I know you’re looking at that title and thinking “WTF?” Well this last week my lifting restrictions were lifted so I was able to return to my job in the OR. In our surgery department we don’t have formal specialized teams so everyone does a little of every specialty. With that said the same people do tend to be in the same cases/rooms more often than not. Most of my cases tend to be gynecological related. I’m also one of the nurses that are on the robotic surgery team, which is used for gyno related surgeries 75-80% of the time. So, like I said: the vajayjay Queen returns!
For the time I was on lifting restrictions they had me in preadmission testing calling patients with instructions and questions for their upcoming surgeries, and collecting whatever paperwork was still needed. I enjoyed it. There was a certain sense of satisfaction to be able to finish a patient’s file in a timely manner. On the other side of the coin I am soooo glad to be back in the OR. It’s so nice to be moving throughout the day instead of sitting in front of the computer, and to be using my brain for what I’ve been doing for the last 9 years. And even though the ladies in PAT are super nice and welcoming, there’s a certain atmosphere and community in the OR that is special only to the OR that I missed too. If you’ve never had the opportunity to shadow or observe in surgery all I can tell you is that we’re a special breed.
Today marks my third day on full duty. I’m having to figure out how to get my protein and fluids in around my cases, which I knew would be a challenge but I’m doing better than I thought I would. I’ve found that the last couple of days I’ve been able to “mini-chug” my fluids, which means I can take 5 sips in a row comfortably rather than just 1-2. This is helping me tremendously in getting closer to my fluid goals. I still haven’t reached them but I’m really close. Every time I’m getting a patient from pre-op or dropping off a patient in PACU I’m making sure to get a few sips in.
Everyone is commenting on my progress when they see me, saying they can already see a bit difference. I’m not seeing a huge difference in my torso yet but I am noticing my hands and feet. When watching tv or something I find myself staring at my ankles/feet or wrists/wrists. They’re definitely getting slimmer. You know what the thigh gap is? Well I have toe gap. Sounds strange, but you can see a bit of light between my big and second toes! My toes look weirdly long now.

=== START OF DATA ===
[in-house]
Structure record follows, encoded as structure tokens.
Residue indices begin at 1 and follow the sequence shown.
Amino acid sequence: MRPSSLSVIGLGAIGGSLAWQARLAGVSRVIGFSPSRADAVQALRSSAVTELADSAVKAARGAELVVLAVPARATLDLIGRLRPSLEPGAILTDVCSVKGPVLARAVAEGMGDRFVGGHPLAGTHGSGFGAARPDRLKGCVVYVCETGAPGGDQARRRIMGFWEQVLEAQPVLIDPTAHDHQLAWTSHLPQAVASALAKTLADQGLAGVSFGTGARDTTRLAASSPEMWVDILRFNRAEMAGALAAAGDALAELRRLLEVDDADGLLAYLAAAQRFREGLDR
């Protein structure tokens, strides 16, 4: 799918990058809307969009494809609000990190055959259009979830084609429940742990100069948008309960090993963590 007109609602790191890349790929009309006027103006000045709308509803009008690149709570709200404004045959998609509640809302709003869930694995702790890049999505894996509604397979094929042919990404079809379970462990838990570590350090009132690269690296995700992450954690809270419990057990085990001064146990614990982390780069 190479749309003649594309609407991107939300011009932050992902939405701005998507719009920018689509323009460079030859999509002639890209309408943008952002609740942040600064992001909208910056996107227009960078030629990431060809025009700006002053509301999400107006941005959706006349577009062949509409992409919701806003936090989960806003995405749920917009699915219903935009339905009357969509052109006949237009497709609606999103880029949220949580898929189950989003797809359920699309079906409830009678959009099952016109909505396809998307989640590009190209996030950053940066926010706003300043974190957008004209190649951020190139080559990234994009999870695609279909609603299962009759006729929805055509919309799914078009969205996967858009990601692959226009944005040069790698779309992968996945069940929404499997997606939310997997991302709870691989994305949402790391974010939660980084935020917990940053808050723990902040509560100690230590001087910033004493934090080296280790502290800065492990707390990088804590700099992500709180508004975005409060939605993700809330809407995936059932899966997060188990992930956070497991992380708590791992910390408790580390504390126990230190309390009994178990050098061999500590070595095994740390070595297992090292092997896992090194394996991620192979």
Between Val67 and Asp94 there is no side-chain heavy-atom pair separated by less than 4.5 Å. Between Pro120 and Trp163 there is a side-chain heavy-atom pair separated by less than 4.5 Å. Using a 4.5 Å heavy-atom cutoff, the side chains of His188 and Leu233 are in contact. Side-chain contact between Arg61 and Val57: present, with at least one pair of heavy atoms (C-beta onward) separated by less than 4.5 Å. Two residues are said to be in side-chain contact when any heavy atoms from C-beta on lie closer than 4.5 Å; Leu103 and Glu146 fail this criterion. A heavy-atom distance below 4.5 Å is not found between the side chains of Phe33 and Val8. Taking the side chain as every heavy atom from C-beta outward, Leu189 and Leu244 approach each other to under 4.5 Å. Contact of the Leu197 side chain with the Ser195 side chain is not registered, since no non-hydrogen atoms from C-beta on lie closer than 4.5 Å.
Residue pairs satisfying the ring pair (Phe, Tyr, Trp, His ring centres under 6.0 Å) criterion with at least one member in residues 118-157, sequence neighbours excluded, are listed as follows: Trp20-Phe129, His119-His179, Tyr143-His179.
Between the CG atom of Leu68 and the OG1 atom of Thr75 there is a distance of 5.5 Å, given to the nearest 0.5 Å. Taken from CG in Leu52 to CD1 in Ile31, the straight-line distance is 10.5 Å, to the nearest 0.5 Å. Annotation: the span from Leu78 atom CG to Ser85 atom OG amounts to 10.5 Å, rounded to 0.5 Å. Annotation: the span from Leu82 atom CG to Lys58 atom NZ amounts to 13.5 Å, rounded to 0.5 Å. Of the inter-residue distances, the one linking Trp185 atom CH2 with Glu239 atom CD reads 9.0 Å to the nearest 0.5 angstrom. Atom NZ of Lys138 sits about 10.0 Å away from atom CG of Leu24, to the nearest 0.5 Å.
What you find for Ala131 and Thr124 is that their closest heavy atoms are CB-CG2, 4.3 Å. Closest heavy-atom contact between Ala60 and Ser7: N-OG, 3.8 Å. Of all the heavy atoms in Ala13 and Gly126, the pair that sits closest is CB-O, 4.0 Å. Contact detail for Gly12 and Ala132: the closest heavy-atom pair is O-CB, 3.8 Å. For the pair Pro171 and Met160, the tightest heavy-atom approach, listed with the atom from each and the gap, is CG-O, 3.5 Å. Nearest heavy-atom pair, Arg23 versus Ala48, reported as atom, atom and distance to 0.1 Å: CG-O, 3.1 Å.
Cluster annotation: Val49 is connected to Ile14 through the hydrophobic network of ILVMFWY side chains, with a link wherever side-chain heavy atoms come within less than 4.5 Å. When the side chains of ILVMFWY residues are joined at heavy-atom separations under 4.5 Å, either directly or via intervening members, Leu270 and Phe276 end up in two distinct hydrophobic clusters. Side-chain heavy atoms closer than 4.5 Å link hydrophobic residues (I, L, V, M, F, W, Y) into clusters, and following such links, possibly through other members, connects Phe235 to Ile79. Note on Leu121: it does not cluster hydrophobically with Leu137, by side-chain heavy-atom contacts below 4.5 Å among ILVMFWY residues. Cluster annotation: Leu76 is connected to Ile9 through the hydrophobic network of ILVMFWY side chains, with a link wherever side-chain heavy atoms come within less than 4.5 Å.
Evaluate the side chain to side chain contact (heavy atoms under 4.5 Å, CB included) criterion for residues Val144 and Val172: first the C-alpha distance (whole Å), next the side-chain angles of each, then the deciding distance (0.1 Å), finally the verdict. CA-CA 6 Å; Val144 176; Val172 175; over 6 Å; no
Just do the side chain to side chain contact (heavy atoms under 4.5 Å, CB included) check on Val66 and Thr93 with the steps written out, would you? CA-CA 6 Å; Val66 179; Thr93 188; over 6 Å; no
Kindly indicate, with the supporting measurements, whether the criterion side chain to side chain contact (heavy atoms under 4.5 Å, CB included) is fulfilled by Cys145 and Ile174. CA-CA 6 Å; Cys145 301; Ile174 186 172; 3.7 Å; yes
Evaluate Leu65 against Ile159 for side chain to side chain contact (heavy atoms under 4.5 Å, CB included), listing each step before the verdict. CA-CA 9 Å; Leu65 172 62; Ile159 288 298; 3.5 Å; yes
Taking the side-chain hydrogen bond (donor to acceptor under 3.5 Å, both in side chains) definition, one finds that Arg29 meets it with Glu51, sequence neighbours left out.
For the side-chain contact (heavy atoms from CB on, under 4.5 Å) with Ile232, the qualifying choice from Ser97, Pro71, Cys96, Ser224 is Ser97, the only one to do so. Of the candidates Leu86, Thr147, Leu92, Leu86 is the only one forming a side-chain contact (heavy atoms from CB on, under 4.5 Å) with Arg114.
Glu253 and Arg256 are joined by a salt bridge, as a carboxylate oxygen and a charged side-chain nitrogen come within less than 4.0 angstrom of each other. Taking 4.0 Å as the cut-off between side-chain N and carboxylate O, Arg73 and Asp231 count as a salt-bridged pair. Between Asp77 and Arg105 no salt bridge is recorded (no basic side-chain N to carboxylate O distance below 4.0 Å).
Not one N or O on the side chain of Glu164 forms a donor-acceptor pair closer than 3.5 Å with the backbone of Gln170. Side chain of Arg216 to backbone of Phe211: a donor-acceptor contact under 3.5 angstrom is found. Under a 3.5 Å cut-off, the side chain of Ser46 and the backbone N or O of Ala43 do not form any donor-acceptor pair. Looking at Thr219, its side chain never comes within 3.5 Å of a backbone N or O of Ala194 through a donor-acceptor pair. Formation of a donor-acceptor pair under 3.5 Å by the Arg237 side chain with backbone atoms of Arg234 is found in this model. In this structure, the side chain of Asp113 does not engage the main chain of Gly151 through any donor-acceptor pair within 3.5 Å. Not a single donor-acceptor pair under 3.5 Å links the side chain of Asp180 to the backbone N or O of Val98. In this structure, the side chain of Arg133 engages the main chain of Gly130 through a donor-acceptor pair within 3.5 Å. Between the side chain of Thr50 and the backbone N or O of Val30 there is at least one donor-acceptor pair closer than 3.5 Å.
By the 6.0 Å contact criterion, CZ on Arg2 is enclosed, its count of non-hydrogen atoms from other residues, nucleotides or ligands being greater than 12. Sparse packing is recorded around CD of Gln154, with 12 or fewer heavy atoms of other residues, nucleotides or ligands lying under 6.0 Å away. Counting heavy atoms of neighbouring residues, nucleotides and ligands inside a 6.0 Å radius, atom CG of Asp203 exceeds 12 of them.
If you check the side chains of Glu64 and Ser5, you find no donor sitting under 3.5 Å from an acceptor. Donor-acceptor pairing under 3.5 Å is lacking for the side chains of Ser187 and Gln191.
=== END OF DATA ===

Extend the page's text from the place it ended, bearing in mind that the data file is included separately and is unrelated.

My energy level isn’t really that different yet, which could be down to bad sleep habits. I’m too much of a night owl and always have been. I am discovering though that I’m moving around easier. Just walking I’m moving faster. Bending over and lifting things is easier. I’m actually kind of looking forward to being released at 6 weeks to work out, which is a really strange notion for me. I’ve never looked forward to working out. Maybe it’ll actually be enjoyable since I won’t be hurting walking into it.
I’m trying to restrict myself to only weighing in on Mondays so I don’t obsess over the scale, so I don’t have any weight update this post. I can see myself very easily getting frustrated if the numbers didn’t move and I was weighing daily so I made a conscious decision to not even start down that road.
Dad and I are both experiencing shoulder and upper back pain occasionally. After thinking about it we’ve decided it’s because of our posture. Immediately post-surgery we weren’t straightening up all the way because of the incision pain. Now as the weight is coming off and we’re healing we’ve found we both have really bad posture. We don’t have our belly rolls to lean on as much when sitting and our core muscle strength is so poor that we slouch forward more. After realizing this we’ve both made a concerted effort to pay more attention to our posture and to straighten up if we find ourselves slouching too much. I’m not sure about him but I’m already feeling a difference. I do know though that he’s making an appointment for a body massage as a birthday present to himself to help with the muscle soreness.